Don’t Lose the Plot

“Life is a journey, not a destination.”  ~ Ralph Waldo Emerson

I can’t imagine many people will not have heard (or used) this quote – or a variant of it – at some time in their lives.  It does seem fairly self-evident I guess.  People who set out on any journey, whether they get to where they imagined they would or not, do at least get the satisfaction of knowing that they tried. They have the opportunity of enjoying the thrill of the ride. They gain experience and learning from the venture. The challenge of the journey will often, in itself, be a major part of the reason for embarking on it.  Isn’t that obvious?
"It's A Long And Winding Road..."

Well, Intuitive though this may sound, it does not always appear that way when observing people’s behaviour. How many people are genuinely enjoying their journeys?I watched a documentary on TV this week, in which Ian Rankin (the famous and brilliant crime writer – check out his Rebus novels if you don’t know about him) keeps a video-diary of his thoughts, activity and progress while writing his latest novel.  He has a sketchy idea for the plot and how to start it off, and a vague notion of how the book should end, but has no idea how he will fill the 300 or so pages in between. For Rankin this was very much a process of discovery. It was as though he were chopping and beating a path Continue reading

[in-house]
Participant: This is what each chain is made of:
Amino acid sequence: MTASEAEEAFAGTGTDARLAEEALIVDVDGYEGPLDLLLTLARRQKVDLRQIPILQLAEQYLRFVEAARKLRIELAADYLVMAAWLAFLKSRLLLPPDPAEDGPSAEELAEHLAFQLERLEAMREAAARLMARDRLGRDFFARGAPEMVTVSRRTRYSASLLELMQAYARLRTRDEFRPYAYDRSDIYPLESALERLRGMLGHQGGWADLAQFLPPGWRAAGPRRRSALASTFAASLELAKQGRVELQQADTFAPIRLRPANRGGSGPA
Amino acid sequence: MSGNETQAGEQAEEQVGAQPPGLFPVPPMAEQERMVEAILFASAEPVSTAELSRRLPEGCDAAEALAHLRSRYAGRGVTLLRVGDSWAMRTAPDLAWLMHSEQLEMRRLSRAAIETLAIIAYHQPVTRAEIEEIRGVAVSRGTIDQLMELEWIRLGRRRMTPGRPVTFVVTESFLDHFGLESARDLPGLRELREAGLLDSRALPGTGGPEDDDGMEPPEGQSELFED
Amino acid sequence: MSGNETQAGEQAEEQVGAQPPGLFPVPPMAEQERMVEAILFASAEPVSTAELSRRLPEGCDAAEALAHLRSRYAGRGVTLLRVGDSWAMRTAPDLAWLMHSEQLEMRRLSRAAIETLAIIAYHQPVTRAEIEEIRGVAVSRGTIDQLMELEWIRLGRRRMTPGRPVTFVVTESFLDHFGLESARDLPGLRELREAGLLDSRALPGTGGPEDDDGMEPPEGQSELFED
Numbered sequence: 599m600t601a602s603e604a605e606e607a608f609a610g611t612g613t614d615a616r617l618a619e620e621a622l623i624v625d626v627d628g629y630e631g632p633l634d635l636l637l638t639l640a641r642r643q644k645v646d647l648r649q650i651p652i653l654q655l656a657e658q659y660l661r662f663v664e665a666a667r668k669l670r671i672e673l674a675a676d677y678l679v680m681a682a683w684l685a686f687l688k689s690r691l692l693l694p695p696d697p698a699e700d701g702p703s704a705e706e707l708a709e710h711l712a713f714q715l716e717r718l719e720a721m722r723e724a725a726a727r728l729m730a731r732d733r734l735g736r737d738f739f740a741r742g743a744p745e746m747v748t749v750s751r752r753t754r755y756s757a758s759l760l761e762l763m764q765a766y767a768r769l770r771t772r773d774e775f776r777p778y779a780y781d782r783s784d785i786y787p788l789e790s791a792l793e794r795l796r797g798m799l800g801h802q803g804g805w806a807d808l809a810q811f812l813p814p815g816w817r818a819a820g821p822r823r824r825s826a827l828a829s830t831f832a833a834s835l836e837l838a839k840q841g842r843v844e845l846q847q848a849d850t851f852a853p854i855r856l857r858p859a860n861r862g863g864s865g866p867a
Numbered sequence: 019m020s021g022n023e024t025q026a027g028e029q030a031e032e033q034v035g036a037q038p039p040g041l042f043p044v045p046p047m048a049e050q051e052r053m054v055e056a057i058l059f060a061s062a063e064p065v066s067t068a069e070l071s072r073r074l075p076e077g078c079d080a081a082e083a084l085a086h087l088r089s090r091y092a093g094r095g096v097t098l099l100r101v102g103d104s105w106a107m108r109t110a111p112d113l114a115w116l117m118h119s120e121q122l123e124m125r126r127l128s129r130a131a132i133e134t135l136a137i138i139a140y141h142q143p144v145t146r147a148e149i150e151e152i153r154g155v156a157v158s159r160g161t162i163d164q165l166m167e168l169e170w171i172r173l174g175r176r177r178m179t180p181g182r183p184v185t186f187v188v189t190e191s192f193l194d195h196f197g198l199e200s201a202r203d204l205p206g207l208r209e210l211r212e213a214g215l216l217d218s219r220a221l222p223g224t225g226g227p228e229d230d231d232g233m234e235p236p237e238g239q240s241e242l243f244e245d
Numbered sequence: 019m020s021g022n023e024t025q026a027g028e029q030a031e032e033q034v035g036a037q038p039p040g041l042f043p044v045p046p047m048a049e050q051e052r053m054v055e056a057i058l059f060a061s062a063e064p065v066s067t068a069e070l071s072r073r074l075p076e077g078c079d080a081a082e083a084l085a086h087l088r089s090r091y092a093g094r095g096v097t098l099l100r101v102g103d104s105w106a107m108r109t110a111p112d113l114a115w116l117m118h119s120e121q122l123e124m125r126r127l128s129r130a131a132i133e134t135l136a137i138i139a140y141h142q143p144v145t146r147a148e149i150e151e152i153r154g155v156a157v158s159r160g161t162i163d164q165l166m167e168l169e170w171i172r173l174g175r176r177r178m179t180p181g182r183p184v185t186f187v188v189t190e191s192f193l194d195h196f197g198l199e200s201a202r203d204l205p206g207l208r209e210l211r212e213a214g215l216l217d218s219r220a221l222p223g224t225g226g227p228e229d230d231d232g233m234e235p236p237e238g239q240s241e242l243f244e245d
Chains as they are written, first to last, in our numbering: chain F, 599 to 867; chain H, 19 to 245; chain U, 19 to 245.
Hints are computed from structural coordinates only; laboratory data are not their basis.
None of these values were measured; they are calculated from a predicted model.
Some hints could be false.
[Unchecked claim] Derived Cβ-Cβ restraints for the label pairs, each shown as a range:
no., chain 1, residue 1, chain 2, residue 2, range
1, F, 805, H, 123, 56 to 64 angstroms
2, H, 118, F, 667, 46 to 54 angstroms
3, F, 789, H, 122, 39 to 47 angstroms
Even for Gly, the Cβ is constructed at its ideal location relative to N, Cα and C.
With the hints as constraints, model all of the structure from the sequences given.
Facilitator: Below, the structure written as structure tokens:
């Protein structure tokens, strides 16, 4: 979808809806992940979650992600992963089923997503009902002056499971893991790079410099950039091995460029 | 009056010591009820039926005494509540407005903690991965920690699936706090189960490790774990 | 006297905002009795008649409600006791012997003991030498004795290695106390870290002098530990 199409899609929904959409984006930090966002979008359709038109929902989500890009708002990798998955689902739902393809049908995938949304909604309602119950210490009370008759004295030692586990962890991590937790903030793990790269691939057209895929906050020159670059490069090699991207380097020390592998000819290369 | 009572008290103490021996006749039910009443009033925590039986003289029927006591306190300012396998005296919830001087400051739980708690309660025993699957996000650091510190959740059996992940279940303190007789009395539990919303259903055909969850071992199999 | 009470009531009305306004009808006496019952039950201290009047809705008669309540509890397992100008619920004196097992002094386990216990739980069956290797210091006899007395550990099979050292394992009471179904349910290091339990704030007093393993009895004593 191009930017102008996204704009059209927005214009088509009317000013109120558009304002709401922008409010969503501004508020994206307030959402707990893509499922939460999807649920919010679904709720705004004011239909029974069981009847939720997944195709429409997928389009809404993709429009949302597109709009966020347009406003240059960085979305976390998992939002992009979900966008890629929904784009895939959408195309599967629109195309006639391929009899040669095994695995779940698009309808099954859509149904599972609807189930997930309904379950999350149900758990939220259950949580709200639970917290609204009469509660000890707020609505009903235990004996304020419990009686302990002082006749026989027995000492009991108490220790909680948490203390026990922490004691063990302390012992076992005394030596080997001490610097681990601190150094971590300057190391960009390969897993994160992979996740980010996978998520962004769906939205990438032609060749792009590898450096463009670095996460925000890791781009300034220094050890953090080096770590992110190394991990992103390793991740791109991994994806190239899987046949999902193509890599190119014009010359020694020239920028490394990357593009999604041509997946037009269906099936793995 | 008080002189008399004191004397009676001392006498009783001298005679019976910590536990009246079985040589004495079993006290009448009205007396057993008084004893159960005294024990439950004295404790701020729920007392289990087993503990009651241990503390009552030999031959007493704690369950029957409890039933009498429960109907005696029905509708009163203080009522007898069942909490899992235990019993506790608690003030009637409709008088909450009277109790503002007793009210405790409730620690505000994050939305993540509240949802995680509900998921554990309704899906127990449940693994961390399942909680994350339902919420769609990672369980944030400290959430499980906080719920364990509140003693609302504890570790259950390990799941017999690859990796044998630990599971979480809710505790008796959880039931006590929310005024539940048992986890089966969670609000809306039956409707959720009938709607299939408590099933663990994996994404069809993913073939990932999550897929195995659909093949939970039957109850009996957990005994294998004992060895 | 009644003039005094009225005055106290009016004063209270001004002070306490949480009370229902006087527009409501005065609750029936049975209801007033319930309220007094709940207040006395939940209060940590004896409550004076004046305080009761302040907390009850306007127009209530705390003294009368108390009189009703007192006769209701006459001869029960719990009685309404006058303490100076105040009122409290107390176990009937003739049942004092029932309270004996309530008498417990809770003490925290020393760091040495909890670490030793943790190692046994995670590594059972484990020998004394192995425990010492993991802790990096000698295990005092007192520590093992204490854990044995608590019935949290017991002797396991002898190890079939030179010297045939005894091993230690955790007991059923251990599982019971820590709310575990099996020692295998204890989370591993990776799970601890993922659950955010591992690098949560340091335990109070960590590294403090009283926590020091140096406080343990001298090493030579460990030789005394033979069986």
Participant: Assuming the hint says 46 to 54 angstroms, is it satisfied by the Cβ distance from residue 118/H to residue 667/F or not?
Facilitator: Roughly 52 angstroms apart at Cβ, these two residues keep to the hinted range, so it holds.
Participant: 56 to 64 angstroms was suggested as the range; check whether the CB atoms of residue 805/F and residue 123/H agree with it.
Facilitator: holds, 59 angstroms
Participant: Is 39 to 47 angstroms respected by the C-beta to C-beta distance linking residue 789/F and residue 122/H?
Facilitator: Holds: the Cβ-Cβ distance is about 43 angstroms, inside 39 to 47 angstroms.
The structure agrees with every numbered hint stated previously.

Breaking Barriers

As the London Olympic Games draw towards their close, it has been exciting to watch records tumble and barriers being broken. Of course, not all barriers are measured by distance or by the clock. Some of the most fascinating are psychological barriers.

Andy Murray appears to have broken a personal barrier in winning his Tennis singles gold medal. Regular readers will have read Learning from Wimbledon a few short weeks ago which described the progress Murray was making with his Inner Game. At the Olympics he buried the anguish he experienced a month ago, by defeating two of his fiercest opponents in quick succession, something he has found tough to do previously. He played unbelievably well, out-hitting, out-moving and out-thinking both Djokovic and Federer. A huge breakthrough, which may well see Murray move on to achieve much more success in future championships. .

Michael Phelps broke the barrier of all-time most decorated olympian – 22 medals – 18 of which are gold. This is a phenomenal achievement, even in a sport that provides more opportunity than most to multi-event. Phelps has set the bar at a new height for someone else to emulate in years to come.